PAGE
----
How Is Menopause Affecting The Skin?

Menopause is a natural part of the ageing process for women, but – as we all know – the symptoms can be challenging. Everyone talks about drawbacks such as hot flashes, brain fog, and lagging libido—all due to dwindling levels of oestrogen and other hormones. But menopause also means that collagen production reduces by approximately 30%  Consequently, your skin undergoes lots of changes too. Fat deflates, ligaments length, structures herniate or protrude, skin becomes more inelastic, hair thins, skin gets drier, and wrinkles and creases deepen. It’s an unending battle against gravity and time.

Menopause Affecting The Skin

As one of the best aesthetic surgeons in UK, specialising in rejuvenation treatments, Dr Rozina Ali’s aesthetic practice is founded on accurate knowledge of anatomy and a keen understanding of the effects of ageing on the separate components and in combination. In this article, she will share with us some useful insights on how the skin, especially facial skin, changes during menopause.

Age spots

Those unsightly dark marks, often appear after menopause and they’re hard to treat at home.

Collagen, the protein that gives your skin its firmness and elasticity, makes up about 80% of the dry weight of adult skin. As much as 30% of collagen is lost in the first five years after menopause.

This combined with sun damage, age spots and larger areas of darker skin can appear on your face, hands, neck, arms, or chest. Practising good sun protection year-round can help prevent future skin damage. Use a broad-spectrum sunscreen that’s SPF 30 or higher. Meticulous sun protection can ward off signs of ageing and prevent skin cancer. To see the effects of sun damage on the skin you just have to look at the experience of the elderly in Japanese ‘blue zones’ compared to their counterparts in Mediterranean blue zones.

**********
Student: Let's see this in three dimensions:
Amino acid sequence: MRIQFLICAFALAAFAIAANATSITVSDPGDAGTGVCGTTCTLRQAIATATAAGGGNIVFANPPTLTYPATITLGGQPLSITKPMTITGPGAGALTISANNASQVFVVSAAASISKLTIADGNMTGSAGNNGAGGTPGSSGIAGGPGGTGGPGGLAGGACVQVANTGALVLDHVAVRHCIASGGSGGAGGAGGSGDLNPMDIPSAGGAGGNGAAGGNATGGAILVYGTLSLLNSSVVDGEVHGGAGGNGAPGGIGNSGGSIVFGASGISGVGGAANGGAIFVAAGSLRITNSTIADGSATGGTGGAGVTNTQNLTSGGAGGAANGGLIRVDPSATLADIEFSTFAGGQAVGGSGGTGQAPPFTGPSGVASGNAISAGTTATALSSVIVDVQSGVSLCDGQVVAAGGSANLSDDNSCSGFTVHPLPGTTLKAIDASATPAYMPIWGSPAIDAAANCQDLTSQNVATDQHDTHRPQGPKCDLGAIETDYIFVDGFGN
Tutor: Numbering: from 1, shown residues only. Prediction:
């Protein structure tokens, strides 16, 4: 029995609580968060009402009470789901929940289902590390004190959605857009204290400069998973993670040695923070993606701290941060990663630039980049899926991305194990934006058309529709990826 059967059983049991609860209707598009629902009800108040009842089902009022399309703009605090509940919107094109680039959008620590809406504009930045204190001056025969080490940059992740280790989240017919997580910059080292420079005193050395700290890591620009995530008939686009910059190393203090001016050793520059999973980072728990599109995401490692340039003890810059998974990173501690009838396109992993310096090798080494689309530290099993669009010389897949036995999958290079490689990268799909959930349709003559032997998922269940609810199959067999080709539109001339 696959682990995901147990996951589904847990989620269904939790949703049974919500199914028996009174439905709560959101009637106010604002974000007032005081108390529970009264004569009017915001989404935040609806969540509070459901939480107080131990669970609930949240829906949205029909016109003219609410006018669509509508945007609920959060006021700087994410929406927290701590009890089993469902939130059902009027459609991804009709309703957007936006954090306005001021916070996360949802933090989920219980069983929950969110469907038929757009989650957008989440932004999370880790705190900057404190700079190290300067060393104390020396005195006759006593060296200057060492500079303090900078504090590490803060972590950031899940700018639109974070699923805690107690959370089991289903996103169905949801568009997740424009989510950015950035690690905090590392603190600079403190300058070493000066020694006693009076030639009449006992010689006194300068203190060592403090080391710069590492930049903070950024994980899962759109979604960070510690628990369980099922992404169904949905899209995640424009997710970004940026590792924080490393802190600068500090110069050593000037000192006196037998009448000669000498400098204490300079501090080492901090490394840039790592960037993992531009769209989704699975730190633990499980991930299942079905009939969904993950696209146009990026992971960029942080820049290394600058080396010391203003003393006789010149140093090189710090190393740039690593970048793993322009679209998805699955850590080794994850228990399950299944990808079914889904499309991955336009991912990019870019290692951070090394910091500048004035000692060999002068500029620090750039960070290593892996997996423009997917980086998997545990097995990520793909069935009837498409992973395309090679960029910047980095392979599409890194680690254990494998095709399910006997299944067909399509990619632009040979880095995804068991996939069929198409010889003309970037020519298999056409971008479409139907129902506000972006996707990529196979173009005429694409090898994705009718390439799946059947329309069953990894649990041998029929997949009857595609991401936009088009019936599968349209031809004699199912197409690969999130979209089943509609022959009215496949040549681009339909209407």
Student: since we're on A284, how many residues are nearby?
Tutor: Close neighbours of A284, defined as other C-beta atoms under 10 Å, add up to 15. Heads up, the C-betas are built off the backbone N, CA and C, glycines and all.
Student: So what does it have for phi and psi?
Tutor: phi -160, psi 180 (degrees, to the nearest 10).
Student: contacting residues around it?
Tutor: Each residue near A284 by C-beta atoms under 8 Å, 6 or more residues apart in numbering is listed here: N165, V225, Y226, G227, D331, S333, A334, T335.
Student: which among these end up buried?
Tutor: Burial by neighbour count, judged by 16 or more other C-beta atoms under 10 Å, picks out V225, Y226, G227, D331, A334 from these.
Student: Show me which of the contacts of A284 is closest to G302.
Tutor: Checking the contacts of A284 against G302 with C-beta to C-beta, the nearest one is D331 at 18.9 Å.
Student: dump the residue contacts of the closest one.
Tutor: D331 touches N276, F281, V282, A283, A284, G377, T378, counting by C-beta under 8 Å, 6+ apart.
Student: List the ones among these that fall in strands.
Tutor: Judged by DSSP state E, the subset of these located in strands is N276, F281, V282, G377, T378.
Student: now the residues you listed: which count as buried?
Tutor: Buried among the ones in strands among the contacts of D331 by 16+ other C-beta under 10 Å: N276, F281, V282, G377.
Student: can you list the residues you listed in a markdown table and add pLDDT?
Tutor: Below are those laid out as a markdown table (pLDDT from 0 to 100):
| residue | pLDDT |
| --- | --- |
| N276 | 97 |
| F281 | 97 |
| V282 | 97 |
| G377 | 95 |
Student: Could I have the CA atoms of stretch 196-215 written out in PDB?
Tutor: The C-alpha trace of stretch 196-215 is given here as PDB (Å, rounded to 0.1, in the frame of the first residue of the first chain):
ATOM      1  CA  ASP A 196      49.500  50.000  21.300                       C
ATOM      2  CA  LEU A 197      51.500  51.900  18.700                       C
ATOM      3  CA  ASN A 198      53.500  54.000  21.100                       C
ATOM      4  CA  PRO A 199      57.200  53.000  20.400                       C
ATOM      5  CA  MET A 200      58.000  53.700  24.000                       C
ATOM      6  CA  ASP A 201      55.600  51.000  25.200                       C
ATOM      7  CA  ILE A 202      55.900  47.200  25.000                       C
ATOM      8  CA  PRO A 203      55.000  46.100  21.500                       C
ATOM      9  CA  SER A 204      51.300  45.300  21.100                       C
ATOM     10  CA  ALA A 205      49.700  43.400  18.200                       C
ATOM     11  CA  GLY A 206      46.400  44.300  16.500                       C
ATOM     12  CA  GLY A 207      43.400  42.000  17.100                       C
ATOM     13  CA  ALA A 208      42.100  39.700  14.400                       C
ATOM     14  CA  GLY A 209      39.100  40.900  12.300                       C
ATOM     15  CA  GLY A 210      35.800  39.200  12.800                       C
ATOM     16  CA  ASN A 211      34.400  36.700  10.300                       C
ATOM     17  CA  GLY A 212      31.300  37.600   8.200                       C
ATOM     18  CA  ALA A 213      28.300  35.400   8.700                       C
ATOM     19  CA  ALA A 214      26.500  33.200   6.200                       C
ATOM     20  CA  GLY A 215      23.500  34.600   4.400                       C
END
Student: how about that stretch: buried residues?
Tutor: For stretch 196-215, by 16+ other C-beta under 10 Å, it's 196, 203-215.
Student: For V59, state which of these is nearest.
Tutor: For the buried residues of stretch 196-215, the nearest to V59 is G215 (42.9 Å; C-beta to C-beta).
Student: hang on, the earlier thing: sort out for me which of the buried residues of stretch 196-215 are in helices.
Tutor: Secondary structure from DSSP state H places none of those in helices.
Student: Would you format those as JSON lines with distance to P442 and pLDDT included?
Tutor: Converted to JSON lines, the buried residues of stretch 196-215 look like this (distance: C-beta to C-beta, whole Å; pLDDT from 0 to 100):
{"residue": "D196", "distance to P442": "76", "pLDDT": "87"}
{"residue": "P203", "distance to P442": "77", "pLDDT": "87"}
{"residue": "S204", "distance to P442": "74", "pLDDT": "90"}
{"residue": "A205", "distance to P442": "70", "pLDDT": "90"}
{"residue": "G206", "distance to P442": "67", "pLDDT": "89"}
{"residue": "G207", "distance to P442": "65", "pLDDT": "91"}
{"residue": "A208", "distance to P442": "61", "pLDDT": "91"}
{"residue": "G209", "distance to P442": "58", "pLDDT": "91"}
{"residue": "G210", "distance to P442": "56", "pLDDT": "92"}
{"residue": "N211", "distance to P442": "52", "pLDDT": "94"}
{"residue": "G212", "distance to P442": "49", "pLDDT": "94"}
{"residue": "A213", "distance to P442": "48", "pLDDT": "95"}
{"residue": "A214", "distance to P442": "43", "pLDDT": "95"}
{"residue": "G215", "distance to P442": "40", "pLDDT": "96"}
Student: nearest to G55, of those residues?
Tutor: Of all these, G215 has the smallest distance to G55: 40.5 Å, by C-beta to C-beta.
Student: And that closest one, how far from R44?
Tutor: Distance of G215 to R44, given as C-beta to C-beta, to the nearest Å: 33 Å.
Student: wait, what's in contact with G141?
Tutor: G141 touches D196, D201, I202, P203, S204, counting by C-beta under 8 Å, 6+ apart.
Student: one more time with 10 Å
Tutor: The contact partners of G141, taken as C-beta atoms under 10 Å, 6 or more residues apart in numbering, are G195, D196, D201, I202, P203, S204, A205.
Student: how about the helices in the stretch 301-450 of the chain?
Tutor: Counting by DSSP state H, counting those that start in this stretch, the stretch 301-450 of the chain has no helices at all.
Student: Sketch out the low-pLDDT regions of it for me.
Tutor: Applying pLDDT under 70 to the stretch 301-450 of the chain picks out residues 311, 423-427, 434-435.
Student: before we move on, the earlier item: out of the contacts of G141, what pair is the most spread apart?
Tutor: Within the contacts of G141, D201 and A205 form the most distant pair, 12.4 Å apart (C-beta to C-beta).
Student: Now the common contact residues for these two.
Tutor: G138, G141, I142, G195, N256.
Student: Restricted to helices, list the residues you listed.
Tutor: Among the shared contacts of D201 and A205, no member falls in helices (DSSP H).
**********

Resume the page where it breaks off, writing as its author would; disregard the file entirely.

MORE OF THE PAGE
Dryness, flakiness and itching

During menopause, skin loses some of its ability to hold water, so skin can get quite dry. This can be especially noticeable when the air is dry – air conditioning or centrally heated environments. Once again, hormones play a role in keeping the skin hydrated. After menopause, your skin gets drier because oil glands aren’t as active. Extreme dryness of the skin may cause pruritus (skin itch). The condition is menopause-related, as the skin tends to become much drier with the drop in oestrogen levels.

If you have a skin condition like eczema, rosacea or psoriasis, you might notice that it gets worse during menopause. In each of these cases, you should schedule a consultation with your esthetician. Similarly, eyes/mouth may get drier, redder, and more easily irritated.

Sensible ongoing solutions include cleansing your skin with a more mild cleanser instead of soap, moisturize more regularly and with richer products to replace oil dehydration versus water dehydration, increasing hyaluronic acid products that can reach deep into the skin, avoiding irritating ingredients, and keeping showers short and not too hot.

Hair loss

Oestrogen markedly promotes hair growth, density and fullness. During menopause, people may notice their hair is thinning, less full or shedding more. Once again, this is thought to happen due to hormonal imbalances. Moreover, as levels of female hormones fall, unwanted facial hair may appear under your chin and along your jawline or above your lip.

For facial hair, waxing may be an option, but concerning thinning of the hair, see a board-certified FRCS (plast) plastic surgeon for solutions to the problem.

Jowls, slack skin, and wrinkles

During menopause, many women rapidly lose their skin’s elastic fibres and glycosaminoglycans (GAGs) due to the drop in estrogen levels. The resultant reduction in fibroblast function, HA production, collagen and elastin fibres and other glycosaminoglycans leads to a global thinning, dehydration and inelastic changes to the skin. These effects are further exacerbated by sun damage. mGAGs are what make your skin plump and bouncy. When these start to drop, facial wrinkles and creases progressively deepen.

Sagging or wrinkles may initially be managed by using daily and regular sun protection and considering using a skin care product that contains retinol or peptides as they can increase collagen production in your skin. As skin sagginess continues, it may soon become time to consider the removal of excess, poor quality and inelastic skin.

For all of your needs and concerns, it’s always a good idea to speak to a certified plastic surgeon about your symptoms and the best ways of treatment.

Read More: 

How a biotin supplement can boost the health of your hair, skin and nails

error: Content is protected !